Competition

  • May 09, 2024

    Google Slams Maps Antitrust Suit As 'Cut-And-Paste Job'

    Google's counsel urged a California federal judge Thursday to permanently toss a proposed antitrust class action over its Maps product, calling the complaint a "cut-and-paste job" from a 2020 House report and accusing plaintiffs of "trying to gin up an antitrust claim" where one doesn't exist.

  • May 09, 2024

    Amazon, Walmart Face Dem Questions Over 'Dynamic Pricing'

    Senate Banking Committee Chair Sherrod Brown on Thursday raised concerns to Amazon and Walmart about corporations hiking prices by exploiting customer data and pricing algorithms, saying it undermines consumers' ability to comparison shop and save money.

  • May 09, 2024

    FTC Says Handbag Cos. Have Info Needed To Defend $8B Deal

    The Federal Trade Commission assailed Tapestry and Capri on Wednesday for demanding more details on the market allegedly threatened by their planned $8.5 billion merger, which would pair the parent company of Coach and Kate Spade with that of Versace and Michael Kors, arguing the firms have the information they need.

  • May 09, 2024

    Attys Want $102M In Fees In Stock Loan Antitrust Deal

    Quinn Emanuel Urquhart & Sullivan LLP and Cohen Milstein Sellers & Toll PLLC attorneys asked for $102 million in fees for settling claims from investors that major banks colluded to avoid modernizing the stock loan market, saying the long and complex nature of the case warrants the payout.

  • May 09, 2024

    Nintendo Gets Switch Suit Stay Pending Patent Review

    A Seattle federal judge agreed Thursday that Nintendo could pause an intellectual property suit against it while it seeks to challenge the validity of the patents at issue, saying the plaintiff could not now complain about delays since it waited six years to file its complaint.

  • May 09, 2024

    Hermes Seeks Exit From Antitrust Suit Over Birkin Bag Sales

    Hermès urged a California federal judge on Thursday to toss an antitrust class action accusing the luxury fashion retailer of tying the sale of its iconic Birkin and Kelly handbags to other items, saying the plaintiffs' assertion that the handbags constitute their own market minimizes the "fierce competition" across the luxury goods industry.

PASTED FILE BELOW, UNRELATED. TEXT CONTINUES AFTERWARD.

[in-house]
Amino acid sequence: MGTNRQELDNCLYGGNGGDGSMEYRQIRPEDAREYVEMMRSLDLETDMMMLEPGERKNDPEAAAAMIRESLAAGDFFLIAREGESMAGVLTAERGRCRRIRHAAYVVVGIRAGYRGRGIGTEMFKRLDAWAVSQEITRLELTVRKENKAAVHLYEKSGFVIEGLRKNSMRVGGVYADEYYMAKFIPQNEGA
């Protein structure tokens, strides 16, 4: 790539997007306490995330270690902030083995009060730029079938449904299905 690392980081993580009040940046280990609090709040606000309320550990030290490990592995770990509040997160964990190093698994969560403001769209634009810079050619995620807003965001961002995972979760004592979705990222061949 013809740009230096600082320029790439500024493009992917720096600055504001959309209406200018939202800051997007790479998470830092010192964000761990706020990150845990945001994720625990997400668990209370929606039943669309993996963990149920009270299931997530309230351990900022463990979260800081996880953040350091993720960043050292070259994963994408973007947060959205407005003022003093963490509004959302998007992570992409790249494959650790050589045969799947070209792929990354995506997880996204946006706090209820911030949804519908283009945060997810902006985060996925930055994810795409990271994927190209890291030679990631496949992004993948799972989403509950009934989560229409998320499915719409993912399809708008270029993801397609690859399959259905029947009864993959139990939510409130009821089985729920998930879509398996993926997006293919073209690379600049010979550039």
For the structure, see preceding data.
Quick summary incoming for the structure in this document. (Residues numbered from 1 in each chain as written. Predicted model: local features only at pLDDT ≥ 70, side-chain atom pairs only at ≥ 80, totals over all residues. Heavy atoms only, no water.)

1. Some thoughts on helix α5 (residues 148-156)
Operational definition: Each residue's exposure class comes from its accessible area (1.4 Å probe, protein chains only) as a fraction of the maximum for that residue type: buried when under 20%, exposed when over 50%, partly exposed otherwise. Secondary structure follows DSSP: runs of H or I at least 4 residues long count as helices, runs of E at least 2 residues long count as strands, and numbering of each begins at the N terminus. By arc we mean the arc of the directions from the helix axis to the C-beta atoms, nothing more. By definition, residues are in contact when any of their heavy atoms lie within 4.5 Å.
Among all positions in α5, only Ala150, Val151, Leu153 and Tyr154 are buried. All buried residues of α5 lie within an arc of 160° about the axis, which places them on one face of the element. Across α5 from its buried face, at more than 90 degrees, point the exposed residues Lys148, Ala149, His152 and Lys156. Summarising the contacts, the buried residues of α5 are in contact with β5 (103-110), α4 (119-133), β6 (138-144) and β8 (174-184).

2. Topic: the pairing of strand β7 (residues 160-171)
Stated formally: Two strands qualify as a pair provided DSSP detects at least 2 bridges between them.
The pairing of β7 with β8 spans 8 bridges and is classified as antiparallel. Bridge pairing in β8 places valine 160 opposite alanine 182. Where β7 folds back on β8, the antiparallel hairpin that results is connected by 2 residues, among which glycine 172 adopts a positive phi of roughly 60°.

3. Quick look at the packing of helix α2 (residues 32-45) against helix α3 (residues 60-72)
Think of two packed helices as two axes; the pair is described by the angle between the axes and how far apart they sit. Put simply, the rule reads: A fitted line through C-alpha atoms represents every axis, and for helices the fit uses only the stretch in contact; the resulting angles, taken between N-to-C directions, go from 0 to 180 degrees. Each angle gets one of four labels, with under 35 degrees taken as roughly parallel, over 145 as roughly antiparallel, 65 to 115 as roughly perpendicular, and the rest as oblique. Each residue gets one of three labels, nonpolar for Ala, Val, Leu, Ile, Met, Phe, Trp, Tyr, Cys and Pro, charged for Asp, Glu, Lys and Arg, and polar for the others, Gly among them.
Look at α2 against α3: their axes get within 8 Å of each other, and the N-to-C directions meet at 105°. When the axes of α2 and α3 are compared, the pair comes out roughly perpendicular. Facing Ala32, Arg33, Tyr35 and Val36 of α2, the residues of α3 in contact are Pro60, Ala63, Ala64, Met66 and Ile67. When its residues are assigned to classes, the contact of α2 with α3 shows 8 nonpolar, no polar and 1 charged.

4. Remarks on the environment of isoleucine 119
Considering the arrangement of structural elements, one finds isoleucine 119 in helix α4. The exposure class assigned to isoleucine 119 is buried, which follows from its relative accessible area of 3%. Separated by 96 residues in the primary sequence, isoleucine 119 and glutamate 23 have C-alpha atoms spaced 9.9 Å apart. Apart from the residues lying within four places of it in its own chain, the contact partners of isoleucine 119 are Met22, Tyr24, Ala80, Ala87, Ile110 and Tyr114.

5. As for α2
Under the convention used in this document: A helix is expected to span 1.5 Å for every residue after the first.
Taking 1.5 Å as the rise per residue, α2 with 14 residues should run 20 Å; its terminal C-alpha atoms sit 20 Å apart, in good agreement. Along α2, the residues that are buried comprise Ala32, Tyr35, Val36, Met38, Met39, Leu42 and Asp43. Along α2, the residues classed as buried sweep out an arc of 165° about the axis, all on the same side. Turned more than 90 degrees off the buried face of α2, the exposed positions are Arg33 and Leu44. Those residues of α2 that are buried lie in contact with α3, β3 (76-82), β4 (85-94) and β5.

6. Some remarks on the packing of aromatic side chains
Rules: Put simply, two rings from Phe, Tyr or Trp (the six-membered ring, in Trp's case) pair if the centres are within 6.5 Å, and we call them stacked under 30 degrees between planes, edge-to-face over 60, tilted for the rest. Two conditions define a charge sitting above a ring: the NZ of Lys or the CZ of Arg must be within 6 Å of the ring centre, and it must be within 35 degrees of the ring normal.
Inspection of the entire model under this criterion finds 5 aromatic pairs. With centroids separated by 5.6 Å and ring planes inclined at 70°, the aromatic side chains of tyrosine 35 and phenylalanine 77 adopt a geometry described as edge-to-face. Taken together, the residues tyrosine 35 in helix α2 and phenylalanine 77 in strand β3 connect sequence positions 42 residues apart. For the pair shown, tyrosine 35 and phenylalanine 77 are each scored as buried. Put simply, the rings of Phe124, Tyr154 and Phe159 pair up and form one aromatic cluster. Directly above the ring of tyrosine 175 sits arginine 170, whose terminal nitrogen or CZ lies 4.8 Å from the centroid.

• May 09, 2024

    Chicken Farmers Win Cert. Of 24K Class In No-Poach Suit

    An Oklahoma federal judge has certified a class of more than 24,000 broiler chicken farmers accusing Pilgrim's Pride of conspiring with others to suppress grower compensation through no-poach agreements, noting the plaintiffs provided direct and circumstantial evidence to show the existence of an antitrust conspiracy affecting all farmers.

  • May 09, 2024

    DOJ Task Force To Target Healthcare Monopoly, Collusion

    The U.S. Department of Justice's Antitrust Division sharpened its focus Thursday on healthcare platforms that combine doctors with insurers, data and more in what the administration's top competition official called the "alarming" accumulation of assets.

  • May 09, 2024

    FICO Blasts Discovery 'Sideshows' In VantageScore Suit

    An Illinois federal judge handling antitrust claims targeting the credit-scoring market should disregard the "sideshows" customers lodged by requesting confidential settlement records and other documents that are too far removed from the case's core issues, Fair Isaac Corp. argued on Wednesday.

  • May 09, 2024

    GOP Sens. Call Biden's Bluff On US Steel-Nippon

    Three Republican senators urged President Joe Biden on Thursday to block Nippon Steel's planned $14.9 billion acquisition of U.S. Steel, calling his prior comments opposing the deal "worthless" while claiming he has the authority to terminate the deal immediately under laws that address "a national emergency." 

  • May 09, 2024

    Watchdog Seeks Texas Judge's Recusal In Noncompete Case

    An industry watchdog is calling on U.S. District Judge J. Campbell Barker to step away from the U.S. Chamber's lawsuit in Texas federal court challenging the U.S. Federal Trade Commission's new noncompete rule, citing "ample financial conflicts" including his investments in Amazon, Apple and IBM, two of which are members of the Chamber.

  • May 09, 2024

    FTC's Exxon-Pioneer Nod Sets New Tone For Oil & Gas M&A

    The close of Exxon Mobil Corp.'s $60 billion purchase of Pioneer Natural Resources shows that even the largest oil and gas deals can overcome heavy regulatory and political scrutiny, but an agreement Exxon struck with the Federal Trade Commission puts other energy companies pursuing deals on notice about their public communications.

  • May 09, 2024

    Sports Direct Seeks To Revive Newcastle Injunction Bid

    Sports Direct urged an appeals court on Thursday to grant it an injunction to force Newcastle United to stock its store with replica kits of the Premier League football club, arguing that the antitrust tribunal was wrong to refuse its request.

  • May 09, 2024

    Google Fights To Shut Down Advertising Antitrust Case

    Tech giant Google asked a London tribunal on Thursday to strike out a proposed class action brought on behalf of website publishers who run advertisements over alleged anti-competitive practices, arguing the claim is not properly pleaded and does not sufficiently set out damages.

  • May 09, 2024

    Deals Rumor Mill: Paramount, Peloton, International Paper